"I make no apologies for putting microorganisms on a pedestal above all other living things. For if the last blue whale choked to death on the last panda, it would be disasterous but not the end of the world. But if we accidentally poisoned the last two species of ammonia-oxidizers, that would be another matter. It could be happening now and we wouldn't even know..."
- Tom Curtis, Nature Reviews Microbiology 4, 488 (July 2006)
I had a conversation at IADR with some professor from a university in New York who was head-hunting dental students for post-grad positions, and I unabashedly told him that I was a microbiologist. He called me a "bug person" like it was a badge of honour, and we talked about how few dedicated microbiologists there are left in the world. It was kind of cool. During my departmental presentation on tuesday someone asked me about the different properties of two proteins which T. denticola is supposed to bind readily to, and I answered with an almost gleeful self-satisfaction that I wasn't sure because I wasn't much of a "protein person". (Incidentally, the protein people who were at the presentation couldn't answer the question either.)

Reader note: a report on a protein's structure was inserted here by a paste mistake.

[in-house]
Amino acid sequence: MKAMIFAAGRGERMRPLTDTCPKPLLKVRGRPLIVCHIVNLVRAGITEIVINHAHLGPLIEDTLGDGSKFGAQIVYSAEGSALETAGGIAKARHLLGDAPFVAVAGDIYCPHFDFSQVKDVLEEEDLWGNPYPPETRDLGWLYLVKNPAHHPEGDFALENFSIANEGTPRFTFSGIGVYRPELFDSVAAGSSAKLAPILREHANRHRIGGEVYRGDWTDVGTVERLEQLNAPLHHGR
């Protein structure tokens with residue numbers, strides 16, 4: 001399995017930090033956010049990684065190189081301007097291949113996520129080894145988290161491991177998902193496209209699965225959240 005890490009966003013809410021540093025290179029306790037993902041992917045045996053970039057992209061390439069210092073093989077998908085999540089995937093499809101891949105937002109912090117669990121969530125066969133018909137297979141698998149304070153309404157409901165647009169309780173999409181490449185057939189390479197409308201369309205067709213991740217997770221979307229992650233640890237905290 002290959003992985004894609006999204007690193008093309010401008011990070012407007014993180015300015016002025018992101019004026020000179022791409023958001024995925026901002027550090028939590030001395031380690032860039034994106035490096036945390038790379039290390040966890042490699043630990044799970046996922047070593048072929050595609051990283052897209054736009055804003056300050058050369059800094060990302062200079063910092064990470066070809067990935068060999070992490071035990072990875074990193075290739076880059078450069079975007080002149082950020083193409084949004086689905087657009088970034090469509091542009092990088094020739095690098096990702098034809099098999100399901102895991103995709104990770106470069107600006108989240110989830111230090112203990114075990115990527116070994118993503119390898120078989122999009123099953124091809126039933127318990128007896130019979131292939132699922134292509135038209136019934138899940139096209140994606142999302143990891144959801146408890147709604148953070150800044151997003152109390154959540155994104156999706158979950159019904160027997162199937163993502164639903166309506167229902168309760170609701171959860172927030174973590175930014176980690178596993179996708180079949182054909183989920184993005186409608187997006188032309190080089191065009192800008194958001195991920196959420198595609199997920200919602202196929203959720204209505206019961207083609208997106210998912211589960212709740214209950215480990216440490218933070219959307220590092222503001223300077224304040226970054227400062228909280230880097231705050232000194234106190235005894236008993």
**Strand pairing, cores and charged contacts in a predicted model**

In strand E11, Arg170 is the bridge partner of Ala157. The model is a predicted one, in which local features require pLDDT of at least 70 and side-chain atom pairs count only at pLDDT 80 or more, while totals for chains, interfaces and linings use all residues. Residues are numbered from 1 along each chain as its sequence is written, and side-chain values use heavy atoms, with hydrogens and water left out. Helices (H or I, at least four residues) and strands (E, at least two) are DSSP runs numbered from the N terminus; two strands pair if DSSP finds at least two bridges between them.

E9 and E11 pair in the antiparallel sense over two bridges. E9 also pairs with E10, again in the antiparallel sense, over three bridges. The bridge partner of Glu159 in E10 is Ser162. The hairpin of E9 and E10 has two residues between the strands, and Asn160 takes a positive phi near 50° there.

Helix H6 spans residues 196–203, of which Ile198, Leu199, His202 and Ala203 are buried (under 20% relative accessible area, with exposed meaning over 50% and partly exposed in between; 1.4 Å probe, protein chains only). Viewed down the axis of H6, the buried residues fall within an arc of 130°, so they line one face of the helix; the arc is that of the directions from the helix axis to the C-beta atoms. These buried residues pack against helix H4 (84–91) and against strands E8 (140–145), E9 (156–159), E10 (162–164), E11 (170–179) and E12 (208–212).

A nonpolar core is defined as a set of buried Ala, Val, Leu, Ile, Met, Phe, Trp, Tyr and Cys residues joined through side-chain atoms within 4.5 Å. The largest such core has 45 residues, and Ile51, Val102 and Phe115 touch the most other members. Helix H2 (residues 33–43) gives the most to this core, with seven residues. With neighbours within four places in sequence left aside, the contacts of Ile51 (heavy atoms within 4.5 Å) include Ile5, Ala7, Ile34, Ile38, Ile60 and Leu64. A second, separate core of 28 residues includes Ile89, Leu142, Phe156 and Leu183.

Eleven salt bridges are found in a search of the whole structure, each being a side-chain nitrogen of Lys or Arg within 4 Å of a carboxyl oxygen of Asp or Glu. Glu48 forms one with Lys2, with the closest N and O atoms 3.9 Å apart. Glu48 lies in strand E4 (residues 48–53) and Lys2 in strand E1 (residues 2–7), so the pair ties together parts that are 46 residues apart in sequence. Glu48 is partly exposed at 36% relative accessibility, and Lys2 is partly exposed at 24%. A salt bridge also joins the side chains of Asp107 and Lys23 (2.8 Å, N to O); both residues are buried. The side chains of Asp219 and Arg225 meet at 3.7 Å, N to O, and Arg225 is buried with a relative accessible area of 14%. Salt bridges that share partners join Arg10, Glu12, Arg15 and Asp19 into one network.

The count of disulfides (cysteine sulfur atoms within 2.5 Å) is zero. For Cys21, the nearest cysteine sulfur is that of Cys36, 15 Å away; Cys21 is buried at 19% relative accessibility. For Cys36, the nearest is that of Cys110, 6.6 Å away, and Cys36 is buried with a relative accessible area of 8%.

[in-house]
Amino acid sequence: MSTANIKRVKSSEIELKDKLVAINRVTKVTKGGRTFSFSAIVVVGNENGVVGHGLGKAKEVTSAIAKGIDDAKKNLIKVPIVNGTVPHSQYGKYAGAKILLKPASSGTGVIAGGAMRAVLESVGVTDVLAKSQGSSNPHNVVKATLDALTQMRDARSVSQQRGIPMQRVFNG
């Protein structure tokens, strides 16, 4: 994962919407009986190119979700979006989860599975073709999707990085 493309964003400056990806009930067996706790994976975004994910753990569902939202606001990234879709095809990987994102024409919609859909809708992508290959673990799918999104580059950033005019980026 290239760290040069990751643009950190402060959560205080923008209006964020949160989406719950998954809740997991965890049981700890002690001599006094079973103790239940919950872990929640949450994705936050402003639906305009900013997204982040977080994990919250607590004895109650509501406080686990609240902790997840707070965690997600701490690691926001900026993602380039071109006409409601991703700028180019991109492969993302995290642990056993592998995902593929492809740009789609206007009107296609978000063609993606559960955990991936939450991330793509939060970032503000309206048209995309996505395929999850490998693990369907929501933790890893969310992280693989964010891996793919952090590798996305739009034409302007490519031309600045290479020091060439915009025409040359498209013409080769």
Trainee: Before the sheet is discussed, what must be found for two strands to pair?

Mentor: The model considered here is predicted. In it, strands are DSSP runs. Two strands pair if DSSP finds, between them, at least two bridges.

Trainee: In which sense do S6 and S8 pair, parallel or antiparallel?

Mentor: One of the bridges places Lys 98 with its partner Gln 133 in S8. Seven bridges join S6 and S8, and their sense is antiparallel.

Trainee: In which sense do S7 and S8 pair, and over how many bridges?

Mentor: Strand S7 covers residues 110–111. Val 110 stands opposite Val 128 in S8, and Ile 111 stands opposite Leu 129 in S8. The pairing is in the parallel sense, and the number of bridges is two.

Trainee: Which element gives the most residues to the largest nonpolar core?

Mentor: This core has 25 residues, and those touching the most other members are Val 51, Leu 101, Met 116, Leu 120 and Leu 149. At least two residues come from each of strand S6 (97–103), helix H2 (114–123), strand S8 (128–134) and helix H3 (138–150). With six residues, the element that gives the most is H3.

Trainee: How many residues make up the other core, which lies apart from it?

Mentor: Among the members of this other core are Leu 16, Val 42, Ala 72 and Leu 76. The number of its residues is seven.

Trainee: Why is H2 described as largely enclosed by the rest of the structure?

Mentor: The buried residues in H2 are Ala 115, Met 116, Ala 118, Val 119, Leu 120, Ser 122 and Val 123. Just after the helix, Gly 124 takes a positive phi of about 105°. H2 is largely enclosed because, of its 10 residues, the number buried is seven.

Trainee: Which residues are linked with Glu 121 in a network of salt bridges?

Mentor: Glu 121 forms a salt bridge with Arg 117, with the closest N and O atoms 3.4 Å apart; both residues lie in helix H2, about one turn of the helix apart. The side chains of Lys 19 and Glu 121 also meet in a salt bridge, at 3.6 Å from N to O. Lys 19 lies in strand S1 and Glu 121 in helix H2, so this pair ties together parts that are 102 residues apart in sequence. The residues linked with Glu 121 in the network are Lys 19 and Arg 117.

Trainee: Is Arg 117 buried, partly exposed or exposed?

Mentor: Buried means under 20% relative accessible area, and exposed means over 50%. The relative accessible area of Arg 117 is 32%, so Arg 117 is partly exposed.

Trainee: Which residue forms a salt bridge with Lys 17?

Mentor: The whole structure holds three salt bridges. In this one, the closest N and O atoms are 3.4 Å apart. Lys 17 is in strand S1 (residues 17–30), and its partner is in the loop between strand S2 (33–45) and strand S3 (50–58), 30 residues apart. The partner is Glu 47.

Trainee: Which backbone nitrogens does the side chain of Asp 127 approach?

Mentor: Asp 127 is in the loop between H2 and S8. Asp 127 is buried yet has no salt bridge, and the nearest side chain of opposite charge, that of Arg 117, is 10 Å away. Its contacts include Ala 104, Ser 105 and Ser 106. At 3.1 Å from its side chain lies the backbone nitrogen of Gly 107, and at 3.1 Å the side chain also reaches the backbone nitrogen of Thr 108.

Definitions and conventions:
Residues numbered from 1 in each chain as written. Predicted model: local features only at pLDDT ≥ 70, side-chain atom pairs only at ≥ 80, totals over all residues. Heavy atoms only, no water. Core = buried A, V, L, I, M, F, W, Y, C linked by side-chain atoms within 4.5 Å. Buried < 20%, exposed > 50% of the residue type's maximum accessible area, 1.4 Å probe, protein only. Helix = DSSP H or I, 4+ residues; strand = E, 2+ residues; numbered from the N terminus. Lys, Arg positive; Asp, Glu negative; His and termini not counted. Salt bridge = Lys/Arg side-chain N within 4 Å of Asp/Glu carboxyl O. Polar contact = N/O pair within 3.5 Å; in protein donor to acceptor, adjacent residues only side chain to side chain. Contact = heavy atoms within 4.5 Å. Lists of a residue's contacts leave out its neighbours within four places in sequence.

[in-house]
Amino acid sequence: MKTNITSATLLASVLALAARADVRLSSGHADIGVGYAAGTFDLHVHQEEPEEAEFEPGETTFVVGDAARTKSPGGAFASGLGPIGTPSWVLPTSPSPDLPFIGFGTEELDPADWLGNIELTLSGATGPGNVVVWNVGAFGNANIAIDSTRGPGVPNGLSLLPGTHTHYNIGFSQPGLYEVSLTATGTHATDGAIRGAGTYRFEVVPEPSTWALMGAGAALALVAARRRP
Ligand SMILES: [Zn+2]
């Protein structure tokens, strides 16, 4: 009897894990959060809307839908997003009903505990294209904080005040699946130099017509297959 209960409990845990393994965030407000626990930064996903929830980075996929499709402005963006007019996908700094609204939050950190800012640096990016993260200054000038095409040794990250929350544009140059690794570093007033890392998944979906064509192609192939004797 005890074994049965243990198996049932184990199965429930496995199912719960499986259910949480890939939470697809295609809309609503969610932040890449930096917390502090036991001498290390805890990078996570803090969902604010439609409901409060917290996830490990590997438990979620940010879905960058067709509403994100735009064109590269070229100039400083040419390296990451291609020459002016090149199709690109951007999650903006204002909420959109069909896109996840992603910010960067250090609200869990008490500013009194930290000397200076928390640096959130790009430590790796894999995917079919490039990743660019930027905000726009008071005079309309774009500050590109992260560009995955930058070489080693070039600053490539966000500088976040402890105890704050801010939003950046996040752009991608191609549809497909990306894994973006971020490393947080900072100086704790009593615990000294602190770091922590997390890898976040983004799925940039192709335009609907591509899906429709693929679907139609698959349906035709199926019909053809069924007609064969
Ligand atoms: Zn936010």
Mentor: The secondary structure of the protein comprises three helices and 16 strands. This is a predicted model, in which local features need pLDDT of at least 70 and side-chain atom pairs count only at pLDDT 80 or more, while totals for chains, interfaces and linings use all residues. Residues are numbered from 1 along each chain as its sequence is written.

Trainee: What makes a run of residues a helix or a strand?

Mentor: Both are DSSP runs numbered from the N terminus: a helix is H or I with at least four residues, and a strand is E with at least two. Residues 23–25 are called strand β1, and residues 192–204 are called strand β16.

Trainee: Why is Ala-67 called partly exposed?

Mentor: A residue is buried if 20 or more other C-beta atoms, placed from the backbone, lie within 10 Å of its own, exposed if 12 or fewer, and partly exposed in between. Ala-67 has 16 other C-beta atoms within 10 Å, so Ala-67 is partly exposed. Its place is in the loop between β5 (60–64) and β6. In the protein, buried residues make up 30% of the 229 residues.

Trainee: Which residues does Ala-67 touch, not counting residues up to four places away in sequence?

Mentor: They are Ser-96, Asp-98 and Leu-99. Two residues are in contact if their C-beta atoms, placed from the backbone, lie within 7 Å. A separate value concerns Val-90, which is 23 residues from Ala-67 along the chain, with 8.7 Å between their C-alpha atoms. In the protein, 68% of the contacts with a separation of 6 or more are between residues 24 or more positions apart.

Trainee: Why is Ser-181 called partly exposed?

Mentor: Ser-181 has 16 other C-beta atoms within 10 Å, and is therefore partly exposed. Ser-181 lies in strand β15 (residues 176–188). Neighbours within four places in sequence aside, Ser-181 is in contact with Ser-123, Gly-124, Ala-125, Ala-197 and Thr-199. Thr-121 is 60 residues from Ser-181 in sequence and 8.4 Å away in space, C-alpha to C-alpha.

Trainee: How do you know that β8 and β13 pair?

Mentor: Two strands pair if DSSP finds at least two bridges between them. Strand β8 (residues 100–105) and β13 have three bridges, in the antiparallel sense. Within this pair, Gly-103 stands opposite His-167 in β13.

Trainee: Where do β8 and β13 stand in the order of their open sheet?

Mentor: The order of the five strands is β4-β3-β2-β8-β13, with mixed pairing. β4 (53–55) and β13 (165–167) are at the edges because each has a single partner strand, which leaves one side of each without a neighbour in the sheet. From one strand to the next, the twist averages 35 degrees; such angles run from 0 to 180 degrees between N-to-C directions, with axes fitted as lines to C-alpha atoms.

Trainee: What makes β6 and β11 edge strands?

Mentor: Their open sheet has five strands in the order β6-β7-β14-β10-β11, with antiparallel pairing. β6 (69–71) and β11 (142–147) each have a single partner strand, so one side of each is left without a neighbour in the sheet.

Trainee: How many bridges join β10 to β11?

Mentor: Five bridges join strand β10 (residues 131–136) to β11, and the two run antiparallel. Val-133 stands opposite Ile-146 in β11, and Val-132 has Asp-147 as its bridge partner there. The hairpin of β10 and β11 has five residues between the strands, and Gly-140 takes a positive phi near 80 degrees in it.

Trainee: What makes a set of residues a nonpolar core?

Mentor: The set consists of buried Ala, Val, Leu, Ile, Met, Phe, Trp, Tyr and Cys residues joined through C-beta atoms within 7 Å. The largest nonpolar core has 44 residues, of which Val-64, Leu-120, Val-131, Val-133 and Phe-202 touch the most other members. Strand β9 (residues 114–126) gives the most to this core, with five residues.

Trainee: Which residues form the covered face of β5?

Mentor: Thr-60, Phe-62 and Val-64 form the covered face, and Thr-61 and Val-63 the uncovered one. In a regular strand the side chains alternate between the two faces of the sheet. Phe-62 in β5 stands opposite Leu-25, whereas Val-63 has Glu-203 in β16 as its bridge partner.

And you know why? Because proteins are for nerds like designadrug ( :P ), and microbiology is for cool elitists like me. They are the misunderstood bohemian rebels of the science world, clinging to their archaic techniques and their zen-like spimplicity of approach.
Oh, and I'm getting sick, so I'm probably a little fever-crazed right now. Not so you'd notice.